Most of you have certainly heard of Duke Ellington, but how many of you are familiar with the work of the lyricist Marshall Barer (1923-1998)? He had his greatest Broadway success as the lyricist for the musical Once Upon a Mattress, written with composer Mary Rodgers, whose songs are part of this week’s NYFOS “Rodgers, Rodgers, & Guettel” concerts. Barer is often referred to as the greatest lyricist you have never heard of.
I had the pleasure of meeting Marshall at a party in Los Angeles in 1989. I was just getting my bearings, adjusting to life back in the U.S. after working in Europe for five years, and in walks the strangest thing on two feet that I had ever encountered. It soon became apparent that he was also one of the most brilliant and clever people one could hope to meet. As I had no car at the time (NOT recommended when you’re living in Los Angeles), he offered to pick me up and drive me to his place in Venice Beach so he could hear my music. Up pulled his car: a Mercedes-Benz covered entirely in denim. Yes, denim. And it had a zipper up the front of the hood. During the entire drive to his place, he never once fully came to a stop—honestly, not once—and seemed to pay scant attention to what other cars on the road were doing or if a traffic light had changed color. We ended up writing several songs together, and I’ll always cherish the memory of working with such a consummate artist and a truly unique human being.
Marshall wrote with many different composers over the years, and often spoke to me about how much he loved working with Duke Ellington on the score of the ill-fated 1966 musical Pousse-Café, which flopped on Broadway after only 3 performances. It was a heart-breaking experience for Marshall, but what remains are some wonderful songs. One of my favorites is “C’est Comme Ça,” sung here in a beautiful live performance by B.J. Ward, from her wonderful CD devoted entirely to Marshall’s songs. It’s a great example of economy in songwriting. Notice how the melodic shape of the first phrase of the song gets repeated several times, climbing higher and more passionate with its reiterations, and taking us through some delicious Ellington harmonies—yet never straying too far off course that we can’t appreciate the exquisite simplicity of the lyric.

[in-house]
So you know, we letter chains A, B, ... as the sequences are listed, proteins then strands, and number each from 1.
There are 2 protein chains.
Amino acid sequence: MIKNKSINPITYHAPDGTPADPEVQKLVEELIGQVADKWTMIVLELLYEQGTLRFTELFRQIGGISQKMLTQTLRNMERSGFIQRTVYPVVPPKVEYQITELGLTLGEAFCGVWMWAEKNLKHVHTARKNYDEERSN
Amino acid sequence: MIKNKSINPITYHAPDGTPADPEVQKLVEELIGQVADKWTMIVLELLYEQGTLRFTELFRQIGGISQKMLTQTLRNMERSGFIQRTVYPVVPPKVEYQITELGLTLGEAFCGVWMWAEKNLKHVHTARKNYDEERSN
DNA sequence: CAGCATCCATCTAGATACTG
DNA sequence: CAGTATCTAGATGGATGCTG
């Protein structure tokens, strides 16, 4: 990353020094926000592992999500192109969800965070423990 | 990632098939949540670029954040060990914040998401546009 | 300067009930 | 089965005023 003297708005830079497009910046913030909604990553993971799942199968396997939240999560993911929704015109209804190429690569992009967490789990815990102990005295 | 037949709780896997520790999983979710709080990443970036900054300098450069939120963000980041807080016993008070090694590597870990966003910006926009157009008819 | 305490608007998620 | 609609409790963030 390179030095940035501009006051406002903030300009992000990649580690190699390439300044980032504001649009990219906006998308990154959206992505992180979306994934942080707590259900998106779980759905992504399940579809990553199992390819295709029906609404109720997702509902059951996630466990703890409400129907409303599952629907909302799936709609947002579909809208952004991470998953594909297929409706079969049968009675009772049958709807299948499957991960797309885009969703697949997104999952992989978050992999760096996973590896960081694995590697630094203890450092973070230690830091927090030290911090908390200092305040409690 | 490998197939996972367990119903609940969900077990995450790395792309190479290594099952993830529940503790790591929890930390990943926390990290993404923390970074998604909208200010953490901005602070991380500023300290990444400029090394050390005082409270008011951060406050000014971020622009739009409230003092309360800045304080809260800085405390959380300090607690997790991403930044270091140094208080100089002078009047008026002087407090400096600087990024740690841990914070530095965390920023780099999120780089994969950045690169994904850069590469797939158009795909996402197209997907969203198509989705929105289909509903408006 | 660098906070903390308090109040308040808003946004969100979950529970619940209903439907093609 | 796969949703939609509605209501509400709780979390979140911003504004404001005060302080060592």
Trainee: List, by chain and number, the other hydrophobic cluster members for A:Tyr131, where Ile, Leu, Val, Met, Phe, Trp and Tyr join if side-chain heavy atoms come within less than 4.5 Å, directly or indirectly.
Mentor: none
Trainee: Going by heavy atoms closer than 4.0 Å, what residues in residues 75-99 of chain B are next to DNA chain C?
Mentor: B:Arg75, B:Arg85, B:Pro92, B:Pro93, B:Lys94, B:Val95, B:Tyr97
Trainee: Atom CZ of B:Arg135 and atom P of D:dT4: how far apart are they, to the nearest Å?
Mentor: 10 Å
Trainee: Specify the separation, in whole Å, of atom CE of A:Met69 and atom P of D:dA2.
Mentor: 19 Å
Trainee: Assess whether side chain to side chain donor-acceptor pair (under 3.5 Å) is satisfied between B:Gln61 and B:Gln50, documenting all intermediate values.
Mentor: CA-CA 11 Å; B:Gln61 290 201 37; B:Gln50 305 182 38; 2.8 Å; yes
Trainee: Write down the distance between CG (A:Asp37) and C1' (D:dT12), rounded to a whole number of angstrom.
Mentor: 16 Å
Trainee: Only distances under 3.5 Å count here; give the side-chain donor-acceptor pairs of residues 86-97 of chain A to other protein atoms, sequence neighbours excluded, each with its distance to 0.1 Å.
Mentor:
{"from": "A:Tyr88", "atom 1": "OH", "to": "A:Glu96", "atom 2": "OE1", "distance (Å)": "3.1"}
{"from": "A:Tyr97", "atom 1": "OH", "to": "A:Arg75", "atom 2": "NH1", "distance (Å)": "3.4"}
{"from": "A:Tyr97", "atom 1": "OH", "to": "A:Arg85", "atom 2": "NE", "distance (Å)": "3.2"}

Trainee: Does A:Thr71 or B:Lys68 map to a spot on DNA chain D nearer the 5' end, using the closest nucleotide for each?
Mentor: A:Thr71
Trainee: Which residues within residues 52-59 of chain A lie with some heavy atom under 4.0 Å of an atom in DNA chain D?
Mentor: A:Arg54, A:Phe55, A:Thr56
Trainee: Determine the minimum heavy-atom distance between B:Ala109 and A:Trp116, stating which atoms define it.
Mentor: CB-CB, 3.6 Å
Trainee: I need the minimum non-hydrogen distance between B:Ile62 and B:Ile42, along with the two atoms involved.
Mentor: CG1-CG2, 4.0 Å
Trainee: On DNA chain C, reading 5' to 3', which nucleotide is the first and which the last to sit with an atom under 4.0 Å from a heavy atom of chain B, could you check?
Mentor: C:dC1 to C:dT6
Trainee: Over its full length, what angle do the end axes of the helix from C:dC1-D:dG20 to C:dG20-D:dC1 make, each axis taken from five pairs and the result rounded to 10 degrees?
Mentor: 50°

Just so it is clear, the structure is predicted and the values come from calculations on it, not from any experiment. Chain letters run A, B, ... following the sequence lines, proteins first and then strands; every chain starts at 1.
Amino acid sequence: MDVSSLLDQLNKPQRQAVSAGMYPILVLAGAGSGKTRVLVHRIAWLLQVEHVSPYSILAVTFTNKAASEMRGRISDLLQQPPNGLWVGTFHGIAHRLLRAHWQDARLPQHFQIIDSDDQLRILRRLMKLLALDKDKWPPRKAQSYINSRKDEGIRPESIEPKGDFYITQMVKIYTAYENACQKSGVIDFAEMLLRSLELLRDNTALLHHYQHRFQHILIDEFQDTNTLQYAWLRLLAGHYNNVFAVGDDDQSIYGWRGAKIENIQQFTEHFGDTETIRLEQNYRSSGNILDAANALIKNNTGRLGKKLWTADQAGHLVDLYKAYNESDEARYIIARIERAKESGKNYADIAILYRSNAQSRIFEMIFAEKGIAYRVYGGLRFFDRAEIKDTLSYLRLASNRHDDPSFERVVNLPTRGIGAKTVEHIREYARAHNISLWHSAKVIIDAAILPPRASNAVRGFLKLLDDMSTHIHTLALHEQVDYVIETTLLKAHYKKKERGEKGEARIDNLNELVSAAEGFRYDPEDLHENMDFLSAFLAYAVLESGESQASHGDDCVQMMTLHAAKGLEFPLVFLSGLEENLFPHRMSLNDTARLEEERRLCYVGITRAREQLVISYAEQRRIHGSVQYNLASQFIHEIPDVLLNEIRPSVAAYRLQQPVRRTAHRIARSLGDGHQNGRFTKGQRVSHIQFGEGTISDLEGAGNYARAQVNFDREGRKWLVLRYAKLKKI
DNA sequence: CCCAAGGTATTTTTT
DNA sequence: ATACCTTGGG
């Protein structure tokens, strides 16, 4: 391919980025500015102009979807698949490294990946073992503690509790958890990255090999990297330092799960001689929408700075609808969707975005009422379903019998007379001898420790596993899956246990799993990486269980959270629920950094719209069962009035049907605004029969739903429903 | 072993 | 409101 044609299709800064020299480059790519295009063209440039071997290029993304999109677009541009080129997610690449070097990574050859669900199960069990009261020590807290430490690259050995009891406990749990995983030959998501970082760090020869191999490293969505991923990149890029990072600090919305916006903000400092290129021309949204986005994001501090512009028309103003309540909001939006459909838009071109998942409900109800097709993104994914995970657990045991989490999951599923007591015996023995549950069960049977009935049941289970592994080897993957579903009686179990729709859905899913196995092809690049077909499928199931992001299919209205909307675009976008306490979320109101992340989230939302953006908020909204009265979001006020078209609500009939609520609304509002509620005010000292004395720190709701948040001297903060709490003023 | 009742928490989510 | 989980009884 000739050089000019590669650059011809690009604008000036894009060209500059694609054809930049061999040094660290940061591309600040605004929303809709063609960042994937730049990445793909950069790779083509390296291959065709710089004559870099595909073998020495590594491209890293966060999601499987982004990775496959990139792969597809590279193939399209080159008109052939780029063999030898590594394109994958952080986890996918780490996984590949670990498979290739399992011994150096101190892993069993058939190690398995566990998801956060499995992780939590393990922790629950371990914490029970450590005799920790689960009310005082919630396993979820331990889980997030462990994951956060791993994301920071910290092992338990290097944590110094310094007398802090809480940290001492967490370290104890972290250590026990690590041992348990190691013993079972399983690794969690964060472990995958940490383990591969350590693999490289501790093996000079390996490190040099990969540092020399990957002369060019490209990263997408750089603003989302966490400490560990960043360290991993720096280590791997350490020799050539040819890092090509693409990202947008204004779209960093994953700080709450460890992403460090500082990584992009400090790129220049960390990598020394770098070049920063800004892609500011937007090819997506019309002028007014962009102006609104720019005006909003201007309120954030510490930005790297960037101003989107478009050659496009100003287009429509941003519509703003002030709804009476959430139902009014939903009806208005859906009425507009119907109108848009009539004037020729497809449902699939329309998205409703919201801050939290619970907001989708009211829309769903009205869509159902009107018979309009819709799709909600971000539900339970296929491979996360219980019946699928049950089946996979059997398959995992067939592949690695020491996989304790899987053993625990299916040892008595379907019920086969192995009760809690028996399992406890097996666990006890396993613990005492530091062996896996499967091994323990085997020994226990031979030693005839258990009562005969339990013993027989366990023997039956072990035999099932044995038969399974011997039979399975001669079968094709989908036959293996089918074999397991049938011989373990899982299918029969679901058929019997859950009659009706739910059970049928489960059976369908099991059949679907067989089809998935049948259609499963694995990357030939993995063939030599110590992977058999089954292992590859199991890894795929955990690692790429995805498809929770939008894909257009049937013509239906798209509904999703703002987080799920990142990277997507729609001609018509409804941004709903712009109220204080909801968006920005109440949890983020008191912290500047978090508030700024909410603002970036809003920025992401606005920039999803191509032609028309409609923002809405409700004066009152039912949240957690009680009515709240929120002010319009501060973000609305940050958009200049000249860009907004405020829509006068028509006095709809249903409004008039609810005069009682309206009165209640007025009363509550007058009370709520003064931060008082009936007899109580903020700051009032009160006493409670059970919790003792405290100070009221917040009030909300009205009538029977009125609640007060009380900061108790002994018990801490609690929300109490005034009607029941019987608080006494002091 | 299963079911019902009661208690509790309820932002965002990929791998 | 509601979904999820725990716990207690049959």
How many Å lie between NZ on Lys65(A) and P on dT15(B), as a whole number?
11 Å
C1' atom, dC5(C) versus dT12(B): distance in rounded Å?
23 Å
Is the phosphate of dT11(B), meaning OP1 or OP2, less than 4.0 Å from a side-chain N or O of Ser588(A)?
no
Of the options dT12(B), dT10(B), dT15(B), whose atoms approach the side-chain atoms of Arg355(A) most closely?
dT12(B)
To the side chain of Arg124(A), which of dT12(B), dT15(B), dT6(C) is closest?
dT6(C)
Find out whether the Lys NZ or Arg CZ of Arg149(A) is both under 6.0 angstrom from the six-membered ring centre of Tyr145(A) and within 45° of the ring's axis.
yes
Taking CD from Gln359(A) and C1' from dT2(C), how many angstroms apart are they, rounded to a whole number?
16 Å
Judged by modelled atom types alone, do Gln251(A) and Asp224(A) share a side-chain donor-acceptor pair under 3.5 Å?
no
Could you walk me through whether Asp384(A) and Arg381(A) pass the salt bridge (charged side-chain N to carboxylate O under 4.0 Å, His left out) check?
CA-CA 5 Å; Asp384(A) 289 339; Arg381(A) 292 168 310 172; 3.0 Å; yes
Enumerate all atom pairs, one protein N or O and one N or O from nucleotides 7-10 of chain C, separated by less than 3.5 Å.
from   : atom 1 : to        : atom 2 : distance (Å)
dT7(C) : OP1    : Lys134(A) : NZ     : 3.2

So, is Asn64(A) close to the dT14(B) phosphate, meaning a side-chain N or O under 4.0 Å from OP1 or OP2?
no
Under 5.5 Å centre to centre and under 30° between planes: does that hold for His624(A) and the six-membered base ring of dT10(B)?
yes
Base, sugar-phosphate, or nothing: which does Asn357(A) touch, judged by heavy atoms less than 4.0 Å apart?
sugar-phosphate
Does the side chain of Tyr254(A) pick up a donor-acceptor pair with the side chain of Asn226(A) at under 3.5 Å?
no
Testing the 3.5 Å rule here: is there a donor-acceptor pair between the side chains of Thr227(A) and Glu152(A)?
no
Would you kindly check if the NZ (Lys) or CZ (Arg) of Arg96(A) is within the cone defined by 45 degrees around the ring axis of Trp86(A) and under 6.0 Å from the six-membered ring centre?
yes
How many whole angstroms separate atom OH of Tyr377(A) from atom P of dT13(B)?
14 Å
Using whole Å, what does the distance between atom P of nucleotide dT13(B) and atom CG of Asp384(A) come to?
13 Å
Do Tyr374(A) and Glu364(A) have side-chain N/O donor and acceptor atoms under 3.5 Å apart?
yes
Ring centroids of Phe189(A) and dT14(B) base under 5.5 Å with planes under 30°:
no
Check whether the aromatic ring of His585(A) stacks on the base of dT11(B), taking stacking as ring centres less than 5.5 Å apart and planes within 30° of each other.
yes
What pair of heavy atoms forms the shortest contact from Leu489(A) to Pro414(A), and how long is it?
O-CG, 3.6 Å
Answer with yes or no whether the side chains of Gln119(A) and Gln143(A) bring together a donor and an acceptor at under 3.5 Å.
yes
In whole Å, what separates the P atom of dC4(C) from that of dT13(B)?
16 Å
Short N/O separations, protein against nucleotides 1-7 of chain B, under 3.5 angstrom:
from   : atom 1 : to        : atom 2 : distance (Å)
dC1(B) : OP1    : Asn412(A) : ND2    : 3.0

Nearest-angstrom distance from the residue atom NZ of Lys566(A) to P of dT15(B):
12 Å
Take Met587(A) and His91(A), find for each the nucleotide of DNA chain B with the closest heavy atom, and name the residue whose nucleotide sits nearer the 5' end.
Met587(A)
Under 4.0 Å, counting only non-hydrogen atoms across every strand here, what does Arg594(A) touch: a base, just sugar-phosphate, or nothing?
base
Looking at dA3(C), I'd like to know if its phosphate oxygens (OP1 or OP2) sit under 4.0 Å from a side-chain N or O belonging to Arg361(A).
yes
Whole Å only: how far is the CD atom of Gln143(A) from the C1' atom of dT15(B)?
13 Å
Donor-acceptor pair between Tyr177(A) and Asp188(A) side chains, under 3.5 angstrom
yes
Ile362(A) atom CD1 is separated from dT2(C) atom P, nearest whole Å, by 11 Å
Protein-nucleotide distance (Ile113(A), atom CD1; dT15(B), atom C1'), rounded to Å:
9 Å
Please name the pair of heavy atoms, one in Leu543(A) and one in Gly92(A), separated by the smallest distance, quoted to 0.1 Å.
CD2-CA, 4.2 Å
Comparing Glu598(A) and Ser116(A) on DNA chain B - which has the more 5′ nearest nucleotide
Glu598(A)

In a funny way, Marshall Barer is my own personal conduit to the composers NYFOS is honoring this week. He knew Richard Rodgers, wrote extensively with Mary Rodgers, and even wrote with Adam Guettel. I’m very grateful that the brakes on his old Mercedes-Benz didn’t fail completely, and that I’m still here to talk about him.
C’est Comme Ça
Music by Duke Ellington
Lyrics by Marshall Barer
A few years ago, a friend of mine gave me an album entitled Rob Mathes: Orchestral Songs. Those familiar with this CD will no doubt nod in agreement when I tell you that it is not the music to put on when you are multi-tasking—this music compels you to stop. And really listen.
Besides being knocked out by the fact that Mathes composed, sang, arranged and conducted every note on that album, I was also struck by the way some of the songs reminded me of the work of Adam Guettel, the third of the three composers being honored by NYFOS in their “Rodgers, Rodgers & Guettel” concerts this week. Guettel and Mathes seem to share a musical freshness, and I found myself tallying up the similarities—they both display marvelous rhythmic diversity, a rich and satisfying quicksilver sense of harmony, and a classy pop sensibility that manages to be complex and yet romantic at the same time.
Mathes’ “The Rose, the Lily, the Sun, the Dove” is a translation of a Heinrich Heine poem that Schumann fans will recognize as the text for the third song in his Dichterliebe song cycle. Like so many Guettel songs, this Mathes piece displays his ability to write a compelling romantic melody that soothes one minute, drives forward the next, and is as stimulating to the ear as it is…well, just plain fun. And all fused with his plaintive pop voice and those superb orchestrations.
A monster musician, Mathes has worked with many of the biggest names in the music business, from Luciano Pavarotti and Renée Fleming to Elton John and Sting. And, not surprisingly, he is a fan of Guettel’s work. In a blogpost from 2010, when Mathes was producing a record for The Light in the Piazza star (and Glee guy) Matthew Morrison, Mathes couldn’t help but gush, “That score is just beyond belief,” he wrote of Piazza. “The moment at the end, where the reprise of the arching ‘Light in the Piazza’ melody comes back, is to me one of the great moments in theatre since Sweeney Todd.”
The Rose, The Lily, The Sun, The Dove
Music by Rob Mathes
Poem by Heinrich Heine (trans. unknown)
By the 1950s, the influence of Rodgers and Hammerstein was enormous, and many younger theatre songwriters—peers of Richard Rodgers’ daughter Mary—aspired to the success of R&H, and shared some of their aesthetic principles. As we look at songs written by contemporaries of this week’s NYFOS composers “Rodgers, Rodgers & Guettel,” one can’t ignore the contributions of Richard Adler (1921–2012) and Jerry Ross (1926–1955).